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Neuroscience. 2009 Jul 7;161(3):743-52. doi: 10.1016/j.neuroscience.2009.04.019. Epub 2009 Apr 12.

Regulation of neurite outgrowth mediated by neuronal calcium sensor-1 and inositol 1,4,5-trisphosphate receptor in nerve growth cones.

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1
Department of Molecular Pharmacology and Neurobiology, Yokohama City University Graduate School of Medicine, Yokohama, Japan.

Abstract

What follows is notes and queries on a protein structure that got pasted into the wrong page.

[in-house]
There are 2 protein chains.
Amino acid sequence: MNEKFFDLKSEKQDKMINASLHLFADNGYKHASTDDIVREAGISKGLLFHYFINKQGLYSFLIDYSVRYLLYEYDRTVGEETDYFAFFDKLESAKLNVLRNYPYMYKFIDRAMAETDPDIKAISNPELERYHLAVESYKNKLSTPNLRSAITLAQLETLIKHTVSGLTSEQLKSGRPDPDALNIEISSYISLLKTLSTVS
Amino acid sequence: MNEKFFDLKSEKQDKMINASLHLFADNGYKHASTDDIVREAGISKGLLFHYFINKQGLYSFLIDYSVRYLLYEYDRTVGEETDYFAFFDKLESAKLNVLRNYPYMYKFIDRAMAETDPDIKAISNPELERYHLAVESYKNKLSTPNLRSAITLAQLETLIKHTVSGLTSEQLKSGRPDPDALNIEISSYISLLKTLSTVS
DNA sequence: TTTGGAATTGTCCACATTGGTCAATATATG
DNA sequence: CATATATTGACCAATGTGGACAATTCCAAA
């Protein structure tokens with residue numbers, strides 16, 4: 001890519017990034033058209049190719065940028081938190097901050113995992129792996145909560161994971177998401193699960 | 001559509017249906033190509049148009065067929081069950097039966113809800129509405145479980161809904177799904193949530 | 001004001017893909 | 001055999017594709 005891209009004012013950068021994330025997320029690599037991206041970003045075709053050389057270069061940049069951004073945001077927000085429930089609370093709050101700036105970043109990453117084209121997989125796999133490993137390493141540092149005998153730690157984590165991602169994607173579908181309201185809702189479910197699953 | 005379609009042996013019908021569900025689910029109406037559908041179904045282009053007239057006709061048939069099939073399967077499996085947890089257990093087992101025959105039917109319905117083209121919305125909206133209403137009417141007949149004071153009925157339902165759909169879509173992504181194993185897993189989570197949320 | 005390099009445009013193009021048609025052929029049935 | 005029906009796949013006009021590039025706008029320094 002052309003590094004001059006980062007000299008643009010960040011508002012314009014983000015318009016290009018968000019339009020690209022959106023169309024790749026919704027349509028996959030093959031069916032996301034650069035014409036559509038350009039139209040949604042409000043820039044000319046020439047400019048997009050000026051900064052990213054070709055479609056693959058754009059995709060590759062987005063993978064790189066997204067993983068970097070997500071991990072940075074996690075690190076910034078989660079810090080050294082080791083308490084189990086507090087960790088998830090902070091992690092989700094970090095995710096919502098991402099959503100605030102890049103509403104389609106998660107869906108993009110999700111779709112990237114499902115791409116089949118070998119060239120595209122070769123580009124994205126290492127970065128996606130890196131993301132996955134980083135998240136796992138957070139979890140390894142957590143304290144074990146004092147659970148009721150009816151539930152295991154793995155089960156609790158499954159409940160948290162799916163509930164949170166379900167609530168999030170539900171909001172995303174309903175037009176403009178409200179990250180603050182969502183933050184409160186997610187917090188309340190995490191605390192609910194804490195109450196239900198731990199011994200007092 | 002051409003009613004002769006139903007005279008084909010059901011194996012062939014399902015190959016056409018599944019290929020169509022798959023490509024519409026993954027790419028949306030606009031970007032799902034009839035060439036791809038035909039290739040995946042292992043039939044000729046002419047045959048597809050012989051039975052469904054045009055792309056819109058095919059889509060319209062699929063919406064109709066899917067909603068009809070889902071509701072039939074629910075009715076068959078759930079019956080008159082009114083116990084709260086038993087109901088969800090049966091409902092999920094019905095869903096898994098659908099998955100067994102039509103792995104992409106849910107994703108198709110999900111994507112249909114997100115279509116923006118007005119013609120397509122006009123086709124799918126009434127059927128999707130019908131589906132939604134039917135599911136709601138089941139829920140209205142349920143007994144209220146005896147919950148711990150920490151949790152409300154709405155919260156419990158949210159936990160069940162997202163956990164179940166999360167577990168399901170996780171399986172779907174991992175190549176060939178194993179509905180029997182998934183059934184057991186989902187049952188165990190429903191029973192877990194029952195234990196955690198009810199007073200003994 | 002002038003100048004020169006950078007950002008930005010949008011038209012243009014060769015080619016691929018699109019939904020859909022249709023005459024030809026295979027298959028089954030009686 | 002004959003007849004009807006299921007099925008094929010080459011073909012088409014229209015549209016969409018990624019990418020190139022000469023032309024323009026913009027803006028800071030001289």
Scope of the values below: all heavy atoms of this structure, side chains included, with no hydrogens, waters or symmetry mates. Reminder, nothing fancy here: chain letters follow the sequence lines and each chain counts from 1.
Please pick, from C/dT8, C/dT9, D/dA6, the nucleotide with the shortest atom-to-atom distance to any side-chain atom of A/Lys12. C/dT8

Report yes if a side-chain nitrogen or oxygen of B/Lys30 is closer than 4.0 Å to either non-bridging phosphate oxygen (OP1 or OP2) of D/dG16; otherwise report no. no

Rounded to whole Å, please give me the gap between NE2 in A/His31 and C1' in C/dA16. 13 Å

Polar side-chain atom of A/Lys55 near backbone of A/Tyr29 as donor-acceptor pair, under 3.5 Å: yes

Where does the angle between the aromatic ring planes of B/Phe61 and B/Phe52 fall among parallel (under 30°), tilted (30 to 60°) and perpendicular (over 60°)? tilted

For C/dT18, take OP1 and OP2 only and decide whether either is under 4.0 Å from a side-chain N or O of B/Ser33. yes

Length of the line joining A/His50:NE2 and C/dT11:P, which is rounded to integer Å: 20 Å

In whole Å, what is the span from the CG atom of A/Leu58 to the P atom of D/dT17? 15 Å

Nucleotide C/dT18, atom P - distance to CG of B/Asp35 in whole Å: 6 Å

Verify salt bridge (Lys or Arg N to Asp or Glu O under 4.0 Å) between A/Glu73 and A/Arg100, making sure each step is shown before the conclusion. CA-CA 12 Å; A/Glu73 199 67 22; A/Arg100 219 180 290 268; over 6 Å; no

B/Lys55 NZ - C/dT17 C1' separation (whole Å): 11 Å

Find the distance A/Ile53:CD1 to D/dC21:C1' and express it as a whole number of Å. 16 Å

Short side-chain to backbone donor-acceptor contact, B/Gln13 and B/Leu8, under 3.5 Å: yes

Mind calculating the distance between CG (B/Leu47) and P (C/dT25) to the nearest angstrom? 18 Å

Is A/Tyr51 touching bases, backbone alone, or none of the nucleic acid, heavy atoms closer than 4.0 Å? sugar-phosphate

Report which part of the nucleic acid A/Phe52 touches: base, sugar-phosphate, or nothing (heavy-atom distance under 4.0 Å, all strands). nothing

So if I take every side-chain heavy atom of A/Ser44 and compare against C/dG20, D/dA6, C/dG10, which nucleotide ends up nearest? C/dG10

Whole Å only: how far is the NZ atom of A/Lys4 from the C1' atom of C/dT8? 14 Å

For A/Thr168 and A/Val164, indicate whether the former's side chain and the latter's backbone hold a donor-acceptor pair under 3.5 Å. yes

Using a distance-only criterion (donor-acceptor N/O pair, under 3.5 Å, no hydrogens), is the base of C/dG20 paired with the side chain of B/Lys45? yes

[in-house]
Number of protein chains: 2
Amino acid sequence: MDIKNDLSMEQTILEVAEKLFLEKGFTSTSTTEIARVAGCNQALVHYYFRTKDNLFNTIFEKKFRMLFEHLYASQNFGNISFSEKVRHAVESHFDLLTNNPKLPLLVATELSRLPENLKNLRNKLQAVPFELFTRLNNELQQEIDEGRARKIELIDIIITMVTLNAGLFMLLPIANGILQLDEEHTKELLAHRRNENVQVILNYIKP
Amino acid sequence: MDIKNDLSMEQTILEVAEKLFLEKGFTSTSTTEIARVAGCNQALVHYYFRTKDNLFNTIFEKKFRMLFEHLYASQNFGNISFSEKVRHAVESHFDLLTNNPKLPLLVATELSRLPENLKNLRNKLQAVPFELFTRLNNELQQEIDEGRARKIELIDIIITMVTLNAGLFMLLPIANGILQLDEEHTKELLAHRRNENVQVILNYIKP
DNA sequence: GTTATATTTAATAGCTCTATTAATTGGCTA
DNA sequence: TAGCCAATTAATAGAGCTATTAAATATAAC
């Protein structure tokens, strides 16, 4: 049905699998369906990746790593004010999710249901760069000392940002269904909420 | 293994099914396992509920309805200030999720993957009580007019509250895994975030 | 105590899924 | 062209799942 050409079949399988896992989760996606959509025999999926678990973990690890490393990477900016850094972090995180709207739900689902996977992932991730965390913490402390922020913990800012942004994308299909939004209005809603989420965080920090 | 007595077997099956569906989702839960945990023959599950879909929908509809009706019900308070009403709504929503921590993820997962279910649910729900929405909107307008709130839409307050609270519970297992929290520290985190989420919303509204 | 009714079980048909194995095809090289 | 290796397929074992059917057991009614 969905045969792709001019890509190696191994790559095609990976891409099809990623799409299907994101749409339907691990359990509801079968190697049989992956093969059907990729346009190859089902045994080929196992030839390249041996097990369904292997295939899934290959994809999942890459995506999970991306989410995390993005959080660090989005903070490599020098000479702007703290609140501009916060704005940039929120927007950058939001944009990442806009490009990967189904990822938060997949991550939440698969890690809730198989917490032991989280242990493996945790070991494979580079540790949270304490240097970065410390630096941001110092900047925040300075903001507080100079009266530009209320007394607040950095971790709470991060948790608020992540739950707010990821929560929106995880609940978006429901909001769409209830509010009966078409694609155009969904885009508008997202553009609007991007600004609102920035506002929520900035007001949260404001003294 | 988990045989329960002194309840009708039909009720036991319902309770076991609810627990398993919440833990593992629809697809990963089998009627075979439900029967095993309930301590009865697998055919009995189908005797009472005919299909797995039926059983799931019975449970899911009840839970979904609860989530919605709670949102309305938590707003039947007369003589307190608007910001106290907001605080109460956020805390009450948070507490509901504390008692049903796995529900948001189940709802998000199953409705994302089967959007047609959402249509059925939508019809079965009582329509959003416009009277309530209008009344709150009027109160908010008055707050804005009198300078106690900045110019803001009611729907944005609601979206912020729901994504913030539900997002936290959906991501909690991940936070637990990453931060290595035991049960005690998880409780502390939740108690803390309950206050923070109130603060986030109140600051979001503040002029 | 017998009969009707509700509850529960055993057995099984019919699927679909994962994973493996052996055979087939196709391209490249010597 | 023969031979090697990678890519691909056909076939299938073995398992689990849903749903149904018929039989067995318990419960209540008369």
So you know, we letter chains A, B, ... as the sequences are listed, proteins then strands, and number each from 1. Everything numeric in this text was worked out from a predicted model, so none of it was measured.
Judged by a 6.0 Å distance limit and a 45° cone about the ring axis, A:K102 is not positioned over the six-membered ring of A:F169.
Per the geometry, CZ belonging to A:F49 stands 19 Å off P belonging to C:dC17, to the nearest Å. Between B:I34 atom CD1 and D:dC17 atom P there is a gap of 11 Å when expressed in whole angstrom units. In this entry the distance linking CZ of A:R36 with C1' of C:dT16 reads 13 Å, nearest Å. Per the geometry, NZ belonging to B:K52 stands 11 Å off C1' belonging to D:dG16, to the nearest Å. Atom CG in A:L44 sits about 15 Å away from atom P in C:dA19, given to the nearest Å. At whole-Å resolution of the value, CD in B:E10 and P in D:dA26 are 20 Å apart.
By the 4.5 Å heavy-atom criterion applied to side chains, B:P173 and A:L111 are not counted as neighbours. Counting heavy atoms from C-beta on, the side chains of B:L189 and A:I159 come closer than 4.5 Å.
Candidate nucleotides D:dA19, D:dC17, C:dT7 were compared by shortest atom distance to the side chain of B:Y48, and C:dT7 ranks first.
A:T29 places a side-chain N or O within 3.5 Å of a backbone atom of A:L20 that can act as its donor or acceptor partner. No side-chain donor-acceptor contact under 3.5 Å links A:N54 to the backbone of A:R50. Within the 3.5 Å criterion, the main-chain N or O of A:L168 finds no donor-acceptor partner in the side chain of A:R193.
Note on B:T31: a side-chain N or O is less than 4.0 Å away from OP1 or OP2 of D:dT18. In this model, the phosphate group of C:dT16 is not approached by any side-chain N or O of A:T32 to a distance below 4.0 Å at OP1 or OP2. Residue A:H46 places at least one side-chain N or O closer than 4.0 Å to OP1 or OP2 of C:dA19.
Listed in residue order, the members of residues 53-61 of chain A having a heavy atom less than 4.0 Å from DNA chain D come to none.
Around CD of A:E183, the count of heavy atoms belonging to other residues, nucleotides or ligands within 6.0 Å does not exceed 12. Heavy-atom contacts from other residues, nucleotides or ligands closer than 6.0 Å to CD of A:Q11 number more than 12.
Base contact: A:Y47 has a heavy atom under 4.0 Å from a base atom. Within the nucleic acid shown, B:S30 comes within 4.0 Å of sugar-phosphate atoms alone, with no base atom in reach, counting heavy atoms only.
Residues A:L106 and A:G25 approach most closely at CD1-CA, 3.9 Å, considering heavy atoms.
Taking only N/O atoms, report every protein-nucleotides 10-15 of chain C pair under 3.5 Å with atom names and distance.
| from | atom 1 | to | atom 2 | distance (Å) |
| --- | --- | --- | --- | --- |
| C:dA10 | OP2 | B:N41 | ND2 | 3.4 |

Calcium acts as an important second messenger in the intracellular signal pathways in a variety of cell functions. Strictly controlled intracellular calcium is required for proper neurite outgrowth of developing neurons. However, the molecular mechanisms of this process are still largely unknown. Neuronal calcium sensor-1 (NCS-1) is a high-affinity and low-capacity calcium binding protein, which is specifically expressed in the nervous system. NCS-1 was distributed throughout the entire region of growth cones located at a distal tip of neurite in cultured chick dorsal root ganglion neurons. In the central domain of the growth cone, however, NCS-1 was distributed in a clustered specific pattern and co-localized with the type 1 inositol 1,4,5-trisphosphate receptor (InsP(3)R1). The pharmacological inhibition of InsP(3) receptors decreased the clustered specific distribution of NCS-1 in the growth cones and inhibited neurite outgrowth but did not change the growth cone morphology. The acute and localized loss of NCS-1 function in the growth cone induced by chromophore-assisted laser inactivation (CALI) resulted in the growth arrest of neurites and lamellipodial and filopodial retractions. These findings suggest that NCS-1 is involved in the regulation of both neurite outgrowth and growth cone morphology. In addition, NCS-1 is functionally linked to InsP(3)R1, which may play an important role in the regulation of neurite outgrowth.

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